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Window on Eurasia: Putin Moves to Re-Establish Nationalities Ministry He Abolished in 2001

posted by eagle on November, 2013 as ANALYSIS / OPINION

Wednesday, November 6, 2013

Window on Eurasia: Putin Moves to Re-Establish Nationalities Ministry He Abolished in 2001

Paul Goble

            Staunton, November 6 – Apparently operating on the principle that if there is a problem, there should be a government structure responsible for it, President Vladimir Putin is moving to recreate in fact if not in name a ministry to oversee the Russian Federation’s increasingly intense nationality problems.

            But for the same reasons that such a structure failed at the start of the Soviet and post-Soviet periods, this move is likely to come up short as well. That is because unless it is given the powers of a super ministry, something that unlikely to happen, it won’t be able to address ethnic issues now affecting and within the purview of other ministries and state structures.

            Consequently, as some Moscow critics are already pointing out, this latest institutional return to the past only highlights the extent to which Putin in his third term currently lacks any new ideas on how to deal with one of the country’s most neuralgic but currently most explosive problems.

            Ever since Putin disbanded the nationalities ministry at the start of his first term, some commentators and experts have called for its restoration. Such calls increased in frequency and intensity after Putin himself during the 2012 presidential campaign devoted an entire article to the nationality problem.

            Specifically, the Russian president said, that there needs to be established in the system of federal organs of power a special structure responsible for issues of national development, inter-ethnic well-being and the inter-action of ethnoses.” The Ministry for Regional Development, he continued, was treating these issues only as a second or third-level task.

            Not surprisingly, many Putin supporters began to propose the establishment of a new nationalities ministry, following the president’s logic of creating a structure for every problem. But many, including Regional Affairs Minister Basargin and Vice Prime Minster Dmitry Kozak opposed it (

            Yesterday, Moscow’s "Kommersant” cited a Kremlin source as saying that Putin’s call on November 1 for the reorganization of the regional affairs ministry "in fact” represents "the restoration of the Ministry for Nationality Affairs,” a fact the president’s press spokesman appeared to confirm (

                According to the paper, the regional affairs ministry will acquire an additional structure that will involve "regional representatives,” and "it is possible, "Kommersant” continued, that "this will be a government non-commercial organization” which will include "a unique monitoring center with sections in each subject of the Russian Federation.”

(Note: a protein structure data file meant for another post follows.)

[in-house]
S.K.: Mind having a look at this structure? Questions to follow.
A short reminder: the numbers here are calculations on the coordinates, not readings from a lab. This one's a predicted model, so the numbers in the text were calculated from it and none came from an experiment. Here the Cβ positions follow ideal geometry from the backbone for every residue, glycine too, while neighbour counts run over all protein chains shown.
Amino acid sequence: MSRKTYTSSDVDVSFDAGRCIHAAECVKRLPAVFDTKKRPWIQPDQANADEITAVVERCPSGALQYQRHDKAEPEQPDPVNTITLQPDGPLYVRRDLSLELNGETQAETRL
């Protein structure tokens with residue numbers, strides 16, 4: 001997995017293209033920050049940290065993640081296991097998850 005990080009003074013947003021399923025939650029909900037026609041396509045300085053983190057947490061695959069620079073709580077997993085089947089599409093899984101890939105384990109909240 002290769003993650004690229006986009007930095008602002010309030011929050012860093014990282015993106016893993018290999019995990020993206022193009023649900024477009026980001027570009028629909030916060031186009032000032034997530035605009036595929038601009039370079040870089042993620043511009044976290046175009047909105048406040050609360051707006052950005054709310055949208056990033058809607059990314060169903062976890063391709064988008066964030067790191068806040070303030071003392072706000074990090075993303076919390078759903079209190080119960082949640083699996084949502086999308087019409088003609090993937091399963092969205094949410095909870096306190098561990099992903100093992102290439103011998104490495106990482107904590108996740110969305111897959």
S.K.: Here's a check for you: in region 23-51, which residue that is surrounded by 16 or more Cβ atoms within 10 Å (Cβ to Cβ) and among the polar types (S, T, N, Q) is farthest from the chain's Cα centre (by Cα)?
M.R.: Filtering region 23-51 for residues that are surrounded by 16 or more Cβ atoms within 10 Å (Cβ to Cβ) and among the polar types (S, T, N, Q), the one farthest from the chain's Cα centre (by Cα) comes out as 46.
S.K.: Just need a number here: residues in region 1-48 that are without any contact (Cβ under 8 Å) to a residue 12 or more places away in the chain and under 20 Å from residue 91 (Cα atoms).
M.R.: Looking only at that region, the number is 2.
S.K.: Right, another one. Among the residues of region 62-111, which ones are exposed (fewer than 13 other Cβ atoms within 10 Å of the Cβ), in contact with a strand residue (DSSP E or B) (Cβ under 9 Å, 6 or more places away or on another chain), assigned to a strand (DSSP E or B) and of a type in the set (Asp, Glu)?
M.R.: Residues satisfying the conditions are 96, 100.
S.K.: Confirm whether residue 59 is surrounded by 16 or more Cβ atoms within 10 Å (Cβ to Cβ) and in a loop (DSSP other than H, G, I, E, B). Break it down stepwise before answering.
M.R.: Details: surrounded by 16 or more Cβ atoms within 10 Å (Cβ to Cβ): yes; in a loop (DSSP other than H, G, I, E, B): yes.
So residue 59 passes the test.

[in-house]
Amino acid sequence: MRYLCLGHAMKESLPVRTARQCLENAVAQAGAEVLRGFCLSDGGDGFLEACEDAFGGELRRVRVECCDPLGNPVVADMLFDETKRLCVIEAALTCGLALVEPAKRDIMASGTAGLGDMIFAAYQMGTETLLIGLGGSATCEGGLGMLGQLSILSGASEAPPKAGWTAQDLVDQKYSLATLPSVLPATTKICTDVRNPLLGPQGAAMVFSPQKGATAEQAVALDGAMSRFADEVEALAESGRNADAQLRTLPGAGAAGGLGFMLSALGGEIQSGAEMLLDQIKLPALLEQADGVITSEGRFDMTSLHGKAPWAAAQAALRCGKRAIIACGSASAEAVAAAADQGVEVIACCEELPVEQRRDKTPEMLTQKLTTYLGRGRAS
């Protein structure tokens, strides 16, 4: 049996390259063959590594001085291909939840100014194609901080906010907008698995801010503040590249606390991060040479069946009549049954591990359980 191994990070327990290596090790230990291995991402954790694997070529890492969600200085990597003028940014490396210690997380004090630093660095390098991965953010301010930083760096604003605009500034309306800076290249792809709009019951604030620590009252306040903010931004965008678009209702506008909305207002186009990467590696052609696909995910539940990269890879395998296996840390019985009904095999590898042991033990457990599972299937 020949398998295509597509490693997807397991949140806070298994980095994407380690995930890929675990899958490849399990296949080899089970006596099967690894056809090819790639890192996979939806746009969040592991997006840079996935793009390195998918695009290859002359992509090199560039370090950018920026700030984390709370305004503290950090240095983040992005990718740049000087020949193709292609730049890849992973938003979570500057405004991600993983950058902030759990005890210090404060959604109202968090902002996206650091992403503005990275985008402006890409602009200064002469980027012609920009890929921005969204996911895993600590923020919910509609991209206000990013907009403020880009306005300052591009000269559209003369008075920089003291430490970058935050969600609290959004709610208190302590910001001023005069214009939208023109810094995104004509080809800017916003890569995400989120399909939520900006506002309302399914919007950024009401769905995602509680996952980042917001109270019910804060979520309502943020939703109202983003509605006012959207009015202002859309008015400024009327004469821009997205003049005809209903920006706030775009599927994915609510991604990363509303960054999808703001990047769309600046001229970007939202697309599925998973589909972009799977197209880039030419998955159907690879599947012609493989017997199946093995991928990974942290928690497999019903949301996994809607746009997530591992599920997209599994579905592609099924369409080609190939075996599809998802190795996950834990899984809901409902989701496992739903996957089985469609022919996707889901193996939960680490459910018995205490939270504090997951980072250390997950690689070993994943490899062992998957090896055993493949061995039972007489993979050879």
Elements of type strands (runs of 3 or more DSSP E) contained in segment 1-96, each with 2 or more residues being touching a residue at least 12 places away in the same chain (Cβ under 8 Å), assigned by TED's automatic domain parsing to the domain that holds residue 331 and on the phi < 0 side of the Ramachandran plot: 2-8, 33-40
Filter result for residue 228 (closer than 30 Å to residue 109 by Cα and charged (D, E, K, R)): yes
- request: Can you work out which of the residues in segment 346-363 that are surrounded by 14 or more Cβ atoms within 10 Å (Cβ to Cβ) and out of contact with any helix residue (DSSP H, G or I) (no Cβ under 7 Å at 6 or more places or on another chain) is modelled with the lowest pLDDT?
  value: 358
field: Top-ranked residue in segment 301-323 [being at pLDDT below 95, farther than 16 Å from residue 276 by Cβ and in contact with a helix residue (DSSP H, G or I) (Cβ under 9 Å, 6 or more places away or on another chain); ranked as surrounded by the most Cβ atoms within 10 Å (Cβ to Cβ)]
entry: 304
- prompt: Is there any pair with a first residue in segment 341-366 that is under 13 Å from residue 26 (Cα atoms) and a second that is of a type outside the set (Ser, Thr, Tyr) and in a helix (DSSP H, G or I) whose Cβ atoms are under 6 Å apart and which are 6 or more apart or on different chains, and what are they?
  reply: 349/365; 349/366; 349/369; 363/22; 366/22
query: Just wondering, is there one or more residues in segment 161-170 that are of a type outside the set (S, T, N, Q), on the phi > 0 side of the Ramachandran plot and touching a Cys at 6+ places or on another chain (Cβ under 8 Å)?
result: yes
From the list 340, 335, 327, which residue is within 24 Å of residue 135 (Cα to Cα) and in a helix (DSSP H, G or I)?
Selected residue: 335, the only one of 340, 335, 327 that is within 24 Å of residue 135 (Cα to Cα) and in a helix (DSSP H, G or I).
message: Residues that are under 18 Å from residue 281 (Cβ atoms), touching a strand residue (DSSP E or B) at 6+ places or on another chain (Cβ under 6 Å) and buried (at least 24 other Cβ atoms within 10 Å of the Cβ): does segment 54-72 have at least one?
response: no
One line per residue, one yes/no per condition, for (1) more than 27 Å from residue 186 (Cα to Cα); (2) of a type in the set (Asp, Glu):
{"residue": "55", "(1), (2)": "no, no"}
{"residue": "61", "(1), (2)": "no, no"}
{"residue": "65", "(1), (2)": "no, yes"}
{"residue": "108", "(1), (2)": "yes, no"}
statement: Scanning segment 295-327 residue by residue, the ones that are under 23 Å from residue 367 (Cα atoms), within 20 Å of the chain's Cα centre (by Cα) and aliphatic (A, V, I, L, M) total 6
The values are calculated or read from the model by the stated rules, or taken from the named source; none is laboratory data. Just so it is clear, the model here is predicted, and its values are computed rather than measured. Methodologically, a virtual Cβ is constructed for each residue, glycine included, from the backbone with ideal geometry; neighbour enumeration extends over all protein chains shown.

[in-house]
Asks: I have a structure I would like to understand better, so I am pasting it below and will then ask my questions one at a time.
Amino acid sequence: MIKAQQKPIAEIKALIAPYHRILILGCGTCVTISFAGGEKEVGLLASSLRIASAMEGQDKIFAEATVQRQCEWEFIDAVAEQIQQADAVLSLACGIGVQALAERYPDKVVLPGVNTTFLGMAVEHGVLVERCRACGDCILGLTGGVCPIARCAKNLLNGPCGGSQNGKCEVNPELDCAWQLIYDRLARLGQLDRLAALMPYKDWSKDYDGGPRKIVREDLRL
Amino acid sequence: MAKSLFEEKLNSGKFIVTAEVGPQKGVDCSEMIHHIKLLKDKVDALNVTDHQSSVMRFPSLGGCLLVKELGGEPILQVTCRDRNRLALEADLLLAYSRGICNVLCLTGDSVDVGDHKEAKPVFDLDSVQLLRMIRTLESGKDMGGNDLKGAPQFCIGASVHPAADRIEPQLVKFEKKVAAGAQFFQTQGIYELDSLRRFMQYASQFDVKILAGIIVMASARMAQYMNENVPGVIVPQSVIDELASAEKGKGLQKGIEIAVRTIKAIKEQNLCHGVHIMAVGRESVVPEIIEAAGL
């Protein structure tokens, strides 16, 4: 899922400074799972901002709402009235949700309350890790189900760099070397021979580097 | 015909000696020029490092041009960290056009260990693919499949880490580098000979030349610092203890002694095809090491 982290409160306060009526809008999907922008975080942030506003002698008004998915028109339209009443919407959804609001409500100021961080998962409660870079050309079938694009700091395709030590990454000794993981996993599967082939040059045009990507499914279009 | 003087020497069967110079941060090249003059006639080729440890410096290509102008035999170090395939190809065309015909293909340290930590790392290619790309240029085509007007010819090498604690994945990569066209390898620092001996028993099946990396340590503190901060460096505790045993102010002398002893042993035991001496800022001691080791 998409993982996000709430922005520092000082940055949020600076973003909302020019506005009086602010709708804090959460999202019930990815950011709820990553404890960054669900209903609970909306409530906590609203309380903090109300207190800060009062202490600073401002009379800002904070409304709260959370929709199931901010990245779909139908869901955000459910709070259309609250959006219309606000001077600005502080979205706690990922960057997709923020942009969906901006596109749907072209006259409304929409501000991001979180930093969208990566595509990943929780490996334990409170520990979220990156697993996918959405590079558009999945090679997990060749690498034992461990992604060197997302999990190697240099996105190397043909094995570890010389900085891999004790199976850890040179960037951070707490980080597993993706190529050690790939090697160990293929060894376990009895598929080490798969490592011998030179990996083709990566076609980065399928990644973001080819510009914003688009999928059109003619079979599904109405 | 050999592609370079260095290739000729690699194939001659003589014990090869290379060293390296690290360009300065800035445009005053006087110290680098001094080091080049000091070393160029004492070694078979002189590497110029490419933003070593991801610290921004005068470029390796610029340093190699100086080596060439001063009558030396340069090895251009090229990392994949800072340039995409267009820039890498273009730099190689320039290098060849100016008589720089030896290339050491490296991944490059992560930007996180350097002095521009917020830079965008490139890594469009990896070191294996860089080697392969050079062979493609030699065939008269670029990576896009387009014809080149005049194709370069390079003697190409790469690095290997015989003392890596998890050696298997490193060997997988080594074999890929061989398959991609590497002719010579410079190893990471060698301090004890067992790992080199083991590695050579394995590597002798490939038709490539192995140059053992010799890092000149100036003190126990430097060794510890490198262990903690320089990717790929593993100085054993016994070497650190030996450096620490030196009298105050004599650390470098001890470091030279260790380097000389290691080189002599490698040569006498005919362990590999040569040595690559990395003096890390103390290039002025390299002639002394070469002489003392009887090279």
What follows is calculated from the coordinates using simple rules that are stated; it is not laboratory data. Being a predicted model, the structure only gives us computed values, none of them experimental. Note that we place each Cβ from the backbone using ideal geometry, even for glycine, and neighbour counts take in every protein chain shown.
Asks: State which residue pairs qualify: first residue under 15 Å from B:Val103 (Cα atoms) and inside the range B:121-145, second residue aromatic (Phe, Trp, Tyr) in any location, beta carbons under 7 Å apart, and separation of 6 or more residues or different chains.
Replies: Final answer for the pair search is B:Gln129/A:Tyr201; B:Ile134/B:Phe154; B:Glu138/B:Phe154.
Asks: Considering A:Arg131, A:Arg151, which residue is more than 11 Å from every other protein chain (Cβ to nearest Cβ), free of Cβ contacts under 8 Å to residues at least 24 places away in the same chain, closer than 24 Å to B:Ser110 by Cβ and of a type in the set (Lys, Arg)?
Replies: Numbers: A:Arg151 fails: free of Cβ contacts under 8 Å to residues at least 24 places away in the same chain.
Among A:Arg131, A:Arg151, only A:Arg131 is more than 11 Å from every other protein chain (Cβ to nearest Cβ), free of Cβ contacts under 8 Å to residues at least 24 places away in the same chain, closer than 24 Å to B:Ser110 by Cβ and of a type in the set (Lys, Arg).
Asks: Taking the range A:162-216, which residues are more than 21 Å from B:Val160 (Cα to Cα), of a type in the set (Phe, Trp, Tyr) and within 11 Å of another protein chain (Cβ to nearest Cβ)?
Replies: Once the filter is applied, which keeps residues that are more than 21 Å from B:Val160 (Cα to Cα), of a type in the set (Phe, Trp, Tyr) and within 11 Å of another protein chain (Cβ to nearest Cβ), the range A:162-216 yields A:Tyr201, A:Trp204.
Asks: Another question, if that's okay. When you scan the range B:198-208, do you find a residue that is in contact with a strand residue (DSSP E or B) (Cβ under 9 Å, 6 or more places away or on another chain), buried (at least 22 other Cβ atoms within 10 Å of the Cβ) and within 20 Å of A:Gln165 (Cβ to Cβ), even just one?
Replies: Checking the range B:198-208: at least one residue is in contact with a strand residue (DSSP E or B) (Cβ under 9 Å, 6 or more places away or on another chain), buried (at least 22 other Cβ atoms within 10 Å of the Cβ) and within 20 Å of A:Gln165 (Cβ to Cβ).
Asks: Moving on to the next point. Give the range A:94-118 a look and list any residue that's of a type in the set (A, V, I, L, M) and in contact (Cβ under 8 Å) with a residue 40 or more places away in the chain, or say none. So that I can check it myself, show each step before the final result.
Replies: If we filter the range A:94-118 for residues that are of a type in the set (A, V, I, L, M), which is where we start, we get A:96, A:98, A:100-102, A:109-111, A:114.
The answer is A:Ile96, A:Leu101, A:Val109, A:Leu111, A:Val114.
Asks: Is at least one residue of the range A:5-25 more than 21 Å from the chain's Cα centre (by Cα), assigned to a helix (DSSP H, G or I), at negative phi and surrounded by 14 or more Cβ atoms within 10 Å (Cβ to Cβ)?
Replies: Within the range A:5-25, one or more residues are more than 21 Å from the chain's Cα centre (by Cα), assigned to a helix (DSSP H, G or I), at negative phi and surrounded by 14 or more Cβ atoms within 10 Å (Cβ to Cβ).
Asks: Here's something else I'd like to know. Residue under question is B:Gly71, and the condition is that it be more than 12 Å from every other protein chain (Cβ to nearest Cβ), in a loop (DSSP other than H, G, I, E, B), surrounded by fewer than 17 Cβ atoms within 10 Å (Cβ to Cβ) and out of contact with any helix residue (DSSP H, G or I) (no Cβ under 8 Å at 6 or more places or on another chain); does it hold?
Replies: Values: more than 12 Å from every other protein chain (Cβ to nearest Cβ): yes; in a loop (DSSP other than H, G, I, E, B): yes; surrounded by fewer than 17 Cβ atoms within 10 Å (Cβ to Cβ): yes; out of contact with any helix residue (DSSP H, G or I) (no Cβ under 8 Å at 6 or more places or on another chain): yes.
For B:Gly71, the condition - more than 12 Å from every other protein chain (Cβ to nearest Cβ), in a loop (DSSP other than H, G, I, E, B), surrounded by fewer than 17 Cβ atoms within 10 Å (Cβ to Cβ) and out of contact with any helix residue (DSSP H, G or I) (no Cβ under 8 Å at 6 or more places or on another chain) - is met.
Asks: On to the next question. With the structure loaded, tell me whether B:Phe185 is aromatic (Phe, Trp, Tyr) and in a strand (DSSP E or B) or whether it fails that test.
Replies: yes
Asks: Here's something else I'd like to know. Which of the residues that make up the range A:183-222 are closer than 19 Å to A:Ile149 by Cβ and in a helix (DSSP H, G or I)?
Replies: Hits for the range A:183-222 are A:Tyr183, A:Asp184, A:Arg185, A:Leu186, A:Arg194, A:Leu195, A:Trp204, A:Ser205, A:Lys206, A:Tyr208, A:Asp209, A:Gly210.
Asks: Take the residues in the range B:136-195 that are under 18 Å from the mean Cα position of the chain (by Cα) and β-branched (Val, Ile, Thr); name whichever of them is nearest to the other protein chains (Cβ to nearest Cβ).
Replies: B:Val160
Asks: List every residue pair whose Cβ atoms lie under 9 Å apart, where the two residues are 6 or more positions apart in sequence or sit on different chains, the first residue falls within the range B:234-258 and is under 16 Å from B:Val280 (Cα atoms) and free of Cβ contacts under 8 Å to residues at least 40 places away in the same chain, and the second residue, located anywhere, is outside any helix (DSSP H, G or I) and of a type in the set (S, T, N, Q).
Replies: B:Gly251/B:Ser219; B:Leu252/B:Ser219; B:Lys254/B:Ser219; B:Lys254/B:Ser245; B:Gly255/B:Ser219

The paper provided no additional details and said that the new arrangements would be finalized in the coming weeks. No surprisingly, that provoked discussion.  Sergey Markov, a political scientist at Moscow State University, told "Kommersant” that "of course a second Ministry for Nationalities is being established.”

            But it is "another question,” he continued, whether the ministry will have sufficient clout to do very much.  "For this, [the person in charge] needs to be at a minimum a vice prime minister.”  Markov said that whatever arrangements were made, the new structure must focus on the defense of ethnic Russians as much as on that of smaller non-Russian groups.

            Mikhail Vinogradov, head of the Petersburg Politics Foundation, was more dismissive. He told "Kommersant” that by taking this step, the Kremlin was giving the appearance of action without actually doing anything. Even if the new structure is put in place, he said, Moscow will continue its ad hoc approach to ethnic problems.

                Margarita Lyange, the head of the Guild of Inter-Ethnic Journalism, suggested that earlier efforts by the Russian government to create an effective structure in this area had failed because the Kremlin was not prepared to cede enough power to it, a view shared by former nationalities minister Vladimir Zorin ( and

            But the most sweeping denunciation of the latest bureaucratic move was offered by Svelanta Gannushkina, chairman of the Civic Support Committee.  She told that the regional development ministry had not improved the ethnic situation in the country and that its lack of transparency did not bode well (

            But Vyacheslav Mkhailov who served as nationalities minister in the early 1990s was more optimistic at least regarding reports that Aleksandr Kotenkov will head the new structure within the regional affairs ministry. He suggested Kotenkov had significant experience because of his role in managing the Osetin-Ingush conflict (

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